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Hawaii_Jake's avatar

How do you pronounce the Shakespearean name Iago?

Asked by Hawaii_Jake (25537 points ) September 5th, 2012

ee-ah-goh?

yah-goh?

Another way?

And please, tell us what kind of English you speak (British, US).

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22 Answers

YARNLADY's avatar

I pronounce it ee-ah-go – U. S. English

Brian1946's avatar

I would say ee-ah-go, and I speak So Cal Pseudo-Surfer English. ;-p

Jeruba's avatar

I’ve always heard it as ee-ah-go too, accent on the second syllable. U.S.: East Coast and West Coast.

_Whitetigress's avatar

ee ah go, Formal English, U.S.A.

(I’m thinking of something from Aladdin for some reason now… Disney’s version…)

harple's avatar

My immediate thought was yah-go – with a temptation to elongate the yaaah. British.

Brian1946's avatar

@harple

My immediate thought was yah-go – with a temptation to elongate the yaaah.

I have a temptation to say that’s how Shakespeare would have pronounced it. ;-)

Incoherency_'s avatar

Eye-a-go. Chaucerian English.

Bellatrix's avatar

British – yah-goh.

Brian1946's avatar

@Incoherency_ Remedial =/= Chaucerian.

nebule's avatar

the same as @Jeruba

bookish1's avatar

I am inclined to say ee-yah-go but I’ve never heard anyone pronounce it in real life. American English. It has the same origin as the names Jacques and Santiago, no?

zenvelo's avatar

ee-ah-go is how my Shakespeare professor pronounced it. And how Merriam-Webster pronounces it.

It’s an Italian name.

I’m in the US.

glacial's avatar

ee-ah’-go. I’m in Canada.

filmfann's avatar

I was taught I-A-Go. Sometimes I wonder how much teachers teach when they don’t know.

wundayatta's avatar

I’ve heard both, but my instinct is to say Yahgo. American.

I think that when you say Yahgo, a lot of people will hear a kind of swallow “ee” in front of the y sound, so there isn’t so much difference between Yahgo and iYahgo. It’s just a tiny breath and you get the ee sound in there.

janbb's avatar

I read it as Shakespearean name “logo”!

Ee-ah-go – Northeastern U.S.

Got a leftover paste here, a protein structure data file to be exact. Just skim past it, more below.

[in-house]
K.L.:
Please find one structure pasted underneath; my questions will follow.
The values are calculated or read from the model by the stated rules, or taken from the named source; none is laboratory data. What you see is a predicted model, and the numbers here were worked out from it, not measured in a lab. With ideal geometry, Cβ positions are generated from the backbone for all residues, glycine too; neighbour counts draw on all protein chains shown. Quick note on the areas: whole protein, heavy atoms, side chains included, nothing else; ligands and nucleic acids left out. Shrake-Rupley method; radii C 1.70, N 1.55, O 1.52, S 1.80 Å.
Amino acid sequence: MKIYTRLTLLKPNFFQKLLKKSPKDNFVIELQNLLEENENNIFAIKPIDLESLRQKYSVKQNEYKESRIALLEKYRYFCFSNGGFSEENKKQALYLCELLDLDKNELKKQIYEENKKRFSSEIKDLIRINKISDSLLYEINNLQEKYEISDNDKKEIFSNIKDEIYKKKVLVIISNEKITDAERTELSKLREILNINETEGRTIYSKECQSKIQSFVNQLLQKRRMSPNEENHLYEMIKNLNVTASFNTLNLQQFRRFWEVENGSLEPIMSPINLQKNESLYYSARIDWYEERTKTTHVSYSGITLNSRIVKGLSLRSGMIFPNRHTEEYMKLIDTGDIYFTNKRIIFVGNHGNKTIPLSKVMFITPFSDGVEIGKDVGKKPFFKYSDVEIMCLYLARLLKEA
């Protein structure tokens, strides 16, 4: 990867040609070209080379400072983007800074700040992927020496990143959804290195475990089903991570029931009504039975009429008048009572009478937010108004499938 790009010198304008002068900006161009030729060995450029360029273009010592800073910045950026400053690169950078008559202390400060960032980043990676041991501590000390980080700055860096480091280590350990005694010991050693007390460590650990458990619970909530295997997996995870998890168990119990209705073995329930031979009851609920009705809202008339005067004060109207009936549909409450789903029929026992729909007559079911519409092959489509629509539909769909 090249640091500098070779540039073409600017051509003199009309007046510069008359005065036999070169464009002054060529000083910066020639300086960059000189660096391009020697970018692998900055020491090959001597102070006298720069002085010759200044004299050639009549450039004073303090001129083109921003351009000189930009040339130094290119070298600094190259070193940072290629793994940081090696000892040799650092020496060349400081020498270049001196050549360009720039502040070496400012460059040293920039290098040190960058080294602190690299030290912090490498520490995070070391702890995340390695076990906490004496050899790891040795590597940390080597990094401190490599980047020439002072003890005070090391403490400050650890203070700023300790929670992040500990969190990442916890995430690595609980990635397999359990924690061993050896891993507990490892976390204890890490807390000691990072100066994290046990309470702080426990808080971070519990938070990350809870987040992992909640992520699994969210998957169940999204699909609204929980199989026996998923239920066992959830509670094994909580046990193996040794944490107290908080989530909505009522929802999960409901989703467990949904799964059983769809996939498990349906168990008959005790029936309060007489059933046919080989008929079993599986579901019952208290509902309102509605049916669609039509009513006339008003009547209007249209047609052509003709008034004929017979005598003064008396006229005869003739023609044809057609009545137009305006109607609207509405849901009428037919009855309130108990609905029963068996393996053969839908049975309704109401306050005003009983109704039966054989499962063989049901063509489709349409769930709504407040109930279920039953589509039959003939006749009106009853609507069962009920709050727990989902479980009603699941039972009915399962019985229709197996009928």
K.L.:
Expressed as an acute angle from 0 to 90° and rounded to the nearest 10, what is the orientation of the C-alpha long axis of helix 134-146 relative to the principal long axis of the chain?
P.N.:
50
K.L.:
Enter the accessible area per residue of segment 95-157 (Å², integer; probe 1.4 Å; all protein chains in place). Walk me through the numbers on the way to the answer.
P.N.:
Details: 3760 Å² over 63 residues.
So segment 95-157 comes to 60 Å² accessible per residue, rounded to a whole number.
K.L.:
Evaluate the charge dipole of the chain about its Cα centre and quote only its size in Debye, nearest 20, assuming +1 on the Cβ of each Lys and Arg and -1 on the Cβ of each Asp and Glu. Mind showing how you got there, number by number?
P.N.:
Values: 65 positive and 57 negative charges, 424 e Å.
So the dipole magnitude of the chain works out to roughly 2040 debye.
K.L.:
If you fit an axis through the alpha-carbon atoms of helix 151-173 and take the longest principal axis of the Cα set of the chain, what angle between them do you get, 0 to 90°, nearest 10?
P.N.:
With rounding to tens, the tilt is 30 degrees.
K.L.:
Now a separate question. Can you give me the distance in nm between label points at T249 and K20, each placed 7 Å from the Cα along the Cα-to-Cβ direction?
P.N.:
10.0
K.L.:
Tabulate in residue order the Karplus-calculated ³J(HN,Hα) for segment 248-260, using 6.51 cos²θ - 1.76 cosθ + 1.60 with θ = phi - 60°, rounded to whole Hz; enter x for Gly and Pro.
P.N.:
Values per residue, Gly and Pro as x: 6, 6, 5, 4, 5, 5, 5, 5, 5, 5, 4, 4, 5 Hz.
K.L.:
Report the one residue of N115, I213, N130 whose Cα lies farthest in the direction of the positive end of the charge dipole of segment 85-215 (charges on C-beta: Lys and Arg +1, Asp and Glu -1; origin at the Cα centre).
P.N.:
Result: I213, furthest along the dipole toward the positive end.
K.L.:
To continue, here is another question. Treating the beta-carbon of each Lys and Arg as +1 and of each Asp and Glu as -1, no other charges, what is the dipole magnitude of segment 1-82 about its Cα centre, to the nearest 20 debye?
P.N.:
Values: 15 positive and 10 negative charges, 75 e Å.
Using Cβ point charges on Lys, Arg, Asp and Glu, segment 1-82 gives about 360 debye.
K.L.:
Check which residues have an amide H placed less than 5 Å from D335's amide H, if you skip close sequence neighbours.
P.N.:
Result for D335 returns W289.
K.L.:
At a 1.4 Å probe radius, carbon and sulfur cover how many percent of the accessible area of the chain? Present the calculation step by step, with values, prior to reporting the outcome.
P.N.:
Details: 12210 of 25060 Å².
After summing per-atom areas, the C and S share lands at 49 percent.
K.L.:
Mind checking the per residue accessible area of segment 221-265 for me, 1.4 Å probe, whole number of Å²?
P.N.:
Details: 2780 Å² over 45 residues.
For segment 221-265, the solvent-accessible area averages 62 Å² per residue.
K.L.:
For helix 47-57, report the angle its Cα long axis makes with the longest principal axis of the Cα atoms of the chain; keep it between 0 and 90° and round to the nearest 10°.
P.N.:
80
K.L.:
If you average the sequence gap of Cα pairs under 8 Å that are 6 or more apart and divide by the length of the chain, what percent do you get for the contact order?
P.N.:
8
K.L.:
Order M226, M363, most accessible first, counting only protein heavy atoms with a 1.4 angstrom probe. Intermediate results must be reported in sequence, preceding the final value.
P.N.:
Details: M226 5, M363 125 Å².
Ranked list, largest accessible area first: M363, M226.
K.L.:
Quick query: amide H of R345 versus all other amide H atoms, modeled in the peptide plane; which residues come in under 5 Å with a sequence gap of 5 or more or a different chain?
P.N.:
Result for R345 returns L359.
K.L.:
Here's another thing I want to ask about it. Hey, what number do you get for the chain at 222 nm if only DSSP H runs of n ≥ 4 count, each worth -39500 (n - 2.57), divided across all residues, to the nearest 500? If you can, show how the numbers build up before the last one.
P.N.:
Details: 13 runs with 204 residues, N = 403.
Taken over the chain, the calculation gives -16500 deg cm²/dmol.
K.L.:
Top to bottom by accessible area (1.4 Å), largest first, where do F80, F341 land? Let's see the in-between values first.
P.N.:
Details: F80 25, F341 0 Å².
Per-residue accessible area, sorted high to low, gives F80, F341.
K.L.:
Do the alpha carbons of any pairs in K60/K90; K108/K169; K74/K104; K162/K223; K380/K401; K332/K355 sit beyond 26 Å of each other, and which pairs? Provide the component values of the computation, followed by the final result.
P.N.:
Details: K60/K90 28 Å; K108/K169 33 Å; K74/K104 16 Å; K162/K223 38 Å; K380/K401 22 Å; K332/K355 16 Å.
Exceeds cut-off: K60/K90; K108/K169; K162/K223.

zensky's avatar

I always thought it was E I E I O. And on his farm he had some…

Just messing with ya buddy. Learned Jellies have already pronounced it to death.

keobooks's avatar

When you are classically trained in choral music, the Y sound is almost always pronounced “ee-AH” So that it sounds more clear on stage. The name could be pronounced “Ya-go” in Shakespearian times but they said “ee-AH-go” onstage for the same reason choral musicans do. Remember that they were onstage with no modern microphones and the original theater was open air. That’s part of why actors used to have these odd affectations in the early 20th century. They were still being trained to pronounce things so they were clear in theaters without sound systems.

Also remember that Shakespeare liked to play with pronunciation to fit things into Iambic pentameter. I am not sure, but I think at that time moved had one syllable – and two only when it made iambic pentameter work better. It wouldn’t surprise me if Shakespeare drew out the name to add an extra syllable now and then to fit the meter better.

gailcalled's avatar

It’s a diphthong (ea) and thus comes with the flexibility of pronunciation that all diphthongs have. But the beat falls on the (ee) AH (go).

Think of Yahoo! (or perhaps, don’t).

@keobooks; Lovely answer. The early English poets took the same liberties with other verbs that end in “ed,” just as they shortened things, such as e’er or ne’er, to accommodate the metrical considerations.

Nullo's avatar

It was Ee-yago in the production that I saw, emphasis on the ‘ya.’ Central Midwest.

marinelife's avatar

ee-ah-goh

MilkyWay's avatar

Eee-ya-go
(British)

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